HEALTH CARE BRIEFING: Wyden Sees a ‘Practical’ Drug Pricing Bill

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The Senate Democrat leading the charge on reining in drug prices says he is crafting a plan to empower the federal government to negotiate with pharmaceutical companies that offers “flexibility.”

Senate Finance Chairman Ron Wyden (D-Ore.) said he “will not give up” on his drug pricing plan—meant to offset some of Democrats’ social spending and tax package—despite pushback from industry and moderates in his own party. “We’re going to insist on it,” he said. “We understand that the American people expect the Congress, and Democrats specifically, to deliver.”

Democrats want to empower the government to negotiate the prices of expensive medicines with pharmaceutical companies. They also want to limit the amount that medication prices can increase from year to year. Though the contents of Democrats’ sweeping domestic policy package are in flux, Wyden’s comments signal the drug proposal remains a priority.

Democratic leaders said yesterday that a deal on a sweeping domestic spending package carrying a major drug pricing provision could be near. Speaker Nancy Pelosi (D-Calif.) told reporters “we’re almost to the stretch” on a deal.

It’s not clear the flexibility Wyden envisions will be enough to gain the support of moderates in his party who have voiced concerns about drug price restrictions. The position of Sen. Kyrsten Sinema (D-Ariz.), a key vote on Democrats’ efforts to pass their package under a move to bypass the need for GOP support, isn’t well known. Wyden declined to say if she’s endorsed his proposal.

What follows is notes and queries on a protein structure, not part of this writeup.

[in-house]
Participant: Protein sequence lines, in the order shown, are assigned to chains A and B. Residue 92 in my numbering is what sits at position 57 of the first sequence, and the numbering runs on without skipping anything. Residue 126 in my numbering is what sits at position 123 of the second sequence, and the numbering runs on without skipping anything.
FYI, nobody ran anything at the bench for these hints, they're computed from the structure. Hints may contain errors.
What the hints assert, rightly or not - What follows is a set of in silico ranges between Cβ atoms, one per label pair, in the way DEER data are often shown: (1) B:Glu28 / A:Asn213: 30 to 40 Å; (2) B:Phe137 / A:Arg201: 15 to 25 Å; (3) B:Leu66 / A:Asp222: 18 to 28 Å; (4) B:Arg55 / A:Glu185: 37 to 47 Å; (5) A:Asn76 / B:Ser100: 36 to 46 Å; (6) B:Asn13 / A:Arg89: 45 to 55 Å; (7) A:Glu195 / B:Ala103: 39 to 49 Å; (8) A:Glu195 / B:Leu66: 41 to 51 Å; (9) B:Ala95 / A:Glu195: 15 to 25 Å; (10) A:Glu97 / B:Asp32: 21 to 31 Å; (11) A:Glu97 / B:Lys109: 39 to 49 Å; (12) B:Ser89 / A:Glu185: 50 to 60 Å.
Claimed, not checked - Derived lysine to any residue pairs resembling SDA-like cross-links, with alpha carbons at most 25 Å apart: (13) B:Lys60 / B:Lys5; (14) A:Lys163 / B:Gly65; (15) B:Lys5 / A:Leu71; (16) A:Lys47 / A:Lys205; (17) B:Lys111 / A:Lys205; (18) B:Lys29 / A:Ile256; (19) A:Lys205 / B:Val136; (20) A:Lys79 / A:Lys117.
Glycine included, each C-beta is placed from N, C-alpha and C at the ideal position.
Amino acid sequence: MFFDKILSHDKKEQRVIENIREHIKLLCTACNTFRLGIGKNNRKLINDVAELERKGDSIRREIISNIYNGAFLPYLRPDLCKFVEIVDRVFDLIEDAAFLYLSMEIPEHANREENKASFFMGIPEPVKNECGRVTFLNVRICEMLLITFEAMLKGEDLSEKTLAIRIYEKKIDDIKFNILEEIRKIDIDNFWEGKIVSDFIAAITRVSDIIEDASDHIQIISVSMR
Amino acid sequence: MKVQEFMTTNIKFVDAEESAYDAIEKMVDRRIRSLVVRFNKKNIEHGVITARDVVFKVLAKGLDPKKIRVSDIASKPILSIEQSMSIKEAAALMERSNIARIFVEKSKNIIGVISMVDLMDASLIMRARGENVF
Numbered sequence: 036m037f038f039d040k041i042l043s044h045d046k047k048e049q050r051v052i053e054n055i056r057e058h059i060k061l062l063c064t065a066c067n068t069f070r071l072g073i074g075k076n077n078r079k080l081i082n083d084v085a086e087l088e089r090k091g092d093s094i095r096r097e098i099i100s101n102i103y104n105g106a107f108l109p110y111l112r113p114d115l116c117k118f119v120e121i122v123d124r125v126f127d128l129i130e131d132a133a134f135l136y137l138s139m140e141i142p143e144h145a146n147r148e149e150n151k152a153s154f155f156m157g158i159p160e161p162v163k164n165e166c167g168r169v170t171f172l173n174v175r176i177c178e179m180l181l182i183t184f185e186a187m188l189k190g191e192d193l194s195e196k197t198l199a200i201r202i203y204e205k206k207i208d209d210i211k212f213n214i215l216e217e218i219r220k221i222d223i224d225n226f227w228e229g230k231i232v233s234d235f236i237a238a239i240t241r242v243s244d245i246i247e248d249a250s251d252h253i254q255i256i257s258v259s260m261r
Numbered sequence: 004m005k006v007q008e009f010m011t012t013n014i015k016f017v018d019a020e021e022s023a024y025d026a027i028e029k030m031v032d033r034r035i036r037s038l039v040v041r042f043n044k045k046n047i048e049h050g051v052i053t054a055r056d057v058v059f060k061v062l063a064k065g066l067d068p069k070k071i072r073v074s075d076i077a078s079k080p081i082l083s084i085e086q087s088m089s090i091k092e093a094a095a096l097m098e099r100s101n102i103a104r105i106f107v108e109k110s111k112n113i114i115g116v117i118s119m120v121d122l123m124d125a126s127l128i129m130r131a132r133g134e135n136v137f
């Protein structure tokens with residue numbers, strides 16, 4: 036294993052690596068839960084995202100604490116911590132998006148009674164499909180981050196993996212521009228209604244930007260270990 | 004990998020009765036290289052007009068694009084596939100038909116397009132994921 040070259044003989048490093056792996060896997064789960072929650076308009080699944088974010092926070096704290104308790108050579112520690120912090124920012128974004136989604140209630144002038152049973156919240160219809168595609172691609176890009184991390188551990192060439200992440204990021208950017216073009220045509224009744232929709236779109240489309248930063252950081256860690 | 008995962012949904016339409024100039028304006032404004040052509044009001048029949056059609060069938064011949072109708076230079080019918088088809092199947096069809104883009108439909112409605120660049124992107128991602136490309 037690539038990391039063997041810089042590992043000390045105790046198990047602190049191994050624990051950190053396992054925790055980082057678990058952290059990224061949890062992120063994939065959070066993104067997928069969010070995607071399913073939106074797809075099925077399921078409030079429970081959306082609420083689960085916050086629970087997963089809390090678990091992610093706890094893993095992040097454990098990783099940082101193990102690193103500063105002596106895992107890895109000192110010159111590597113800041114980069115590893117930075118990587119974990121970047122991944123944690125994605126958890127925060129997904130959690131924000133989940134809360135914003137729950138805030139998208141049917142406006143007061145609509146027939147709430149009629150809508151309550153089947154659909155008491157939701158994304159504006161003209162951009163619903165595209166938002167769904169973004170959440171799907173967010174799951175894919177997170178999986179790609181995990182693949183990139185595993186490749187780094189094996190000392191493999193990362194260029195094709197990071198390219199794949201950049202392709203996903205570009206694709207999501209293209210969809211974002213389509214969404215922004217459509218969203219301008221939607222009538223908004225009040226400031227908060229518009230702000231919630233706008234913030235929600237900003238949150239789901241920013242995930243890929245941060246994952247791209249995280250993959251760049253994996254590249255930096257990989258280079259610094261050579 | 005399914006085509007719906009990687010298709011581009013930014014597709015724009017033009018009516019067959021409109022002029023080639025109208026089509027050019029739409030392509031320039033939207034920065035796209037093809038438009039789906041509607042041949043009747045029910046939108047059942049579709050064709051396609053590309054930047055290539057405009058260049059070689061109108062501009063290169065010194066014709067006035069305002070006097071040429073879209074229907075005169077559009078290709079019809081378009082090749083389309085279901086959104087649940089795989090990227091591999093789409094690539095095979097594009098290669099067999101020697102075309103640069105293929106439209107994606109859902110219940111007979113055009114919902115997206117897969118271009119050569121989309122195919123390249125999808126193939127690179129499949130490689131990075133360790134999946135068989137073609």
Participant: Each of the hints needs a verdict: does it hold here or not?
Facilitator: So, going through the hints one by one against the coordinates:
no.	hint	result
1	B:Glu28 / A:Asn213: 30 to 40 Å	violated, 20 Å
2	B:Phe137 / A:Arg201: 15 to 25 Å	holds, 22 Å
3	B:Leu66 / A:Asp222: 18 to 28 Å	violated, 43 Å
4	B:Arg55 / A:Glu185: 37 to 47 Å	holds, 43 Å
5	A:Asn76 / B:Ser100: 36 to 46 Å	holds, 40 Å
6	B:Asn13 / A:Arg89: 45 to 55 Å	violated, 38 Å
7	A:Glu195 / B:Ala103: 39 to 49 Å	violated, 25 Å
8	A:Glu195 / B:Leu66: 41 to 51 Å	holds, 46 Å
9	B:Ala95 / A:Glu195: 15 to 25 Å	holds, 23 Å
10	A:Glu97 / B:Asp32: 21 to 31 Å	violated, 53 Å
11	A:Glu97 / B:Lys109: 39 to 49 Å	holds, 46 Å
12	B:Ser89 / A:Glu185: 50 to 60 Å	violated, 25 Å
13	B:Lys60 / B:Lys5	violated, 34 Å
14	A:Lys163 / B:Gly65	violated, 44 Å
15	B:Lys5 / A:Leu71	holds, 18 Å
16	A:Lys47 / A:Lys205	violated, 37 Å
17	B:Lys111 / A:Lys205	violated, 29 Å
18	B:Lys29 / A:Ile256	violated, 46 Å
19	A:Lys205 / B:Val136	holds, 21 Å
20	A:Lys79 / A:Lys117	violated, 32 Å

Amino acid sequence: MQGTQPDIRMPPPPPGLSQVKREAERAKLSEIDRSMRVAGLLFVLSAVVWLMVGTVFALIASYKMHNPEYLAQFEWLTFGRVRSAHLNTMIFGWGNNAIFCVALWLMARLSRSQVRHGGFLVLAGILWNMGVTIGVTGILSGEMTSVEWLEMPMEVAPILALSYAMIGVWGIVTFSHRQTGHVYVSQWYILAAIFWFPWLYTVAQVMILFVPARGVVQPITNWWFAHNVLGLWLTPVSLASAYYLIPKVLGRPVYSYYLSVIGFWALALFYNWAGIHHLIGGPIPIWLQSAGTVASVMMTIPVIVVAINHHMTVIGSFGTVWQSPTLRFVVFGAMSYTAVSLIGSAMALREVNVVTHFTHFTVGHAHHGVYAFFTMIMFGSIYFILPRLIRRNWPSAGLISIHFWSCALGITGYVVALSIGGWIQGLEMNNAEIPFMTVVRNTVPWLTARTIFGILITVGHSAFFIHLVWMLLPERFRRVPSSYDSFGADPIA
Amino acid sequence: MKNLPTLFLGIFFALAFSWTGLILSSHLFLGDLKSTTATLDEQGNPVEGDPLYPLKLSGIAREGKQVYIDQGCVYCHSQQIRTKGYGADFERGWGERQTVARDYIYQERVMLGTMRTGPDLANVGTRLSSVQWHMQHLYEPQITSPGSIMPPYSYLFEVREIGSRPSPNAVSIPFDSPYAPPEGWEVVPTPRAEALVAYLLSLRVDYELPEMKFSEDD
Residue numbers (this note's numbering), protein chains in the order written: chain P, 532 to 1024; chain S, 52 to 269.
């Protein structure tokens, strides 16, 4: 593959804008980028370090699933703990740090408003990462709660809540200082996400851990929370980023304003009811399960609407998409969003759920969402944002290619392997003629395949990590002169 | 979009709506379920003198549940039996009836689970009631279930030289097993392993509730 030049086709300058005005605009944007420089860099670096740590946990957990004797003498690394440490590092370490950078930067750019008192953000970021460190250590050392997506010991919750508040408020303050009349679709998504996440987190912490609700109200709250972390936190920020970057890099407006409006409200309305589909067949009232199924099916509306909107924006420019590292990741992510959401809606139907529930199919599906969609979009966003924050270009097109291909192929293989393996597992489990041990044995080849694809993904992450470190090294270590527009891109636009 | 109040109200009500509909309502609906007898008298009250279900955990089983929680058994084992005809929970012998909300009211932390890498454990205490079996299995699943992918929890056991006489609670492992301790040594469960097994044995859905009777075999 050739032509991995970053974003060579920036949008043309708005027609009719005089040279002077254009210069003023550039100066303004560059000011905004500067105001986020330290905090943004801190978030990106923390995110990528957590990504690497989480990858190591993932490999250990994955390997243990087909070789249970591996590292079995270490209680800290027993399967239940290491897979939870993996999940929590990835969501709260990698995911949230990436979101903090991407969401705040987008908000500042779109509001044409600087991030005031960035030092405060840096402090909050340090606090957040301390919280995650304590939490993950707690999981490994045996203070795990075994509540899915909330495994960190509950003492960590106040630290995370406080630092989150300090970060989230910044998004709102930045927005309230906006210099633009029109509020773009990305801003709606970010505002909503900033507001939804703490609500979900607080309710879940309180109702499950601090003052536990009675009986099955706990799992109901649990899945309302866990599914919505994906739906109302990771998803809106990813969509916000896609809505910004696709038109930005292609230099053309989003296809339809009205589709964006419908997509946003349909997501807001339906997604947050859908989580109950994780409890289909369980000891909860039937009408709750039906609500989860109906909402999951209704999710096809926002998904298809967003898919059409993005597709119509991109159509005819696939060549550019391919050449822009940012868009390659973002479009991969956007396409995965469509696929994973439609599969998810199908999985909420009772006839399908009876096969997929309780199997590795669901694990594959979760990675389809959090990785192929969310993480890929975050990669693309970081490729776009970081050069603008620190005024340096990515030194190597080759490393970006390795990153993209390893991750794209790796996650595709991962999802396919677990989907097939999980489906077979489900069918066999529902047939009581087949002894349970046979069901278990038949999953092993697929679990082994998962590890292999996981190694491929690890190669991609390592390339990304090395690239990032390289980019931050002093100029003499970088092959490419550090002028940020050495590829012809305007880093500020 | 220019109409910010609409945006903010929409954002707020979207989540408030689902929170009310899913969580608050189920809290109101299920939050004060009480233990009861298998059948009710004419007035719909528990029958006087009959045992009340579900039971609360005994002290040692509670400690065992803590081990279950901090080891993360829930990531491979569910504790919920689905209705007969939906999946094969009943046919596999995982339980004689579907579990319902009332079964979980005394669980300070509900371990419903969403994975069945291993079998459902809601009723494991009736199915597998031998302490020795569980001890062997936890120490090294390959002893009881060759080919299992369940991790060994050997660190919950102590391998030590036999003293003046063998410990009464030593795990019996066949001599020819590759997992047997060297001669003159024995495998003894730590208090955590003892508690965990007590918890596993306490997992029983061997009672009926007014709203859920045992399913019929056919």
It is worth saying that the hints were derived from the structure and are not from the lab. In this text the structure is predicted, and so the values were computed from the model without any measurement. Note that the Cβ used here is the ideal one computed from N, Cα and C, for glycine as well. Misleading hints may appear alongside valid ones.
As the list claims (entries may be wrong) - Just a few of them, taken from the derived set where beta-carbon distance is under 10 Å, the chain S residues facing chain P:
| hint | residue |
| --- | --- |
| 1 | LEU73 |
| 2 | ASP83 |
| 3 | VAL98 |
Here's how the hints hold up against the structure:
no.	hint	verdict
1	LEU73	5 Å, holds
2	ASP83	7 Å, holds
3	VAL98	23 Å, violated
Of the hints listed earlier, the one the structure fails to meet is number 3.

Some Democrats have opposed using the pharmaceutical industry to pay for other priorities and worry that lowering prices will stymie drugmakers’ ability to invest in new medicines.

Sen. Bob Menendez (D-N.J.), who has opposed some proposals to permit the government to negotiate for lower prices, said yesterday that Wyden has kept him in the dark about many of the details of his proposal. Menendez said until Wyden shows him the full proposal, he can’t sign off on it. “When they decide to show it to me I’ll judge it,” he said. Read more from Alex Ruoff.

Meanwhile, President Joe Biden at a CNN town hall last night said getting all dental, vision and hearing provisions he wants in the deal on his economic agenda is “a reach,” Laura Curtis and Josh Wingrove report.

Biden said they might get an $800 voucher on dental from medicare, but there’s no deal yet. Biden said he thinks something on hearing will be in the deal, which Sinema supports, and pointed out hearing is tied to dementia. Biden said vision is harder and there’s no consensus.

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Additionally, the CDC said that eligible people may choose a different booster from the vaccine they originally received, granting more flexibility to patients and doctors as the U.S. tries to stave off another wave of infections.

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Drugmakers Boost Lobbying Spending: The pharmaceutical industry spent heavily on lobbying over the past three months, putting several companies on track for record spending as Democrats look to reduce what patients pay for many of the most-expensive drugs. The Pharmaceutical Research and Manufacturers of America, the industry’s main lobbying body, spent $7.4 million on lobbying from July through September, up from about $6 million in the same span in 2020, filings to Congress show.

PhRMA has spent $22.4 million on lobbying this year, compared with $25.5 million during all of 2020 and $28.8 million in all of 2019. The lobbying rush comes as lawmakers debate how to leverage the power of the federal government to lower what Americans pay for medicines and offset the cost of Biden’s sweeping domestic spending legislation (H.R. 5376). Read more from Alex Ruoff.

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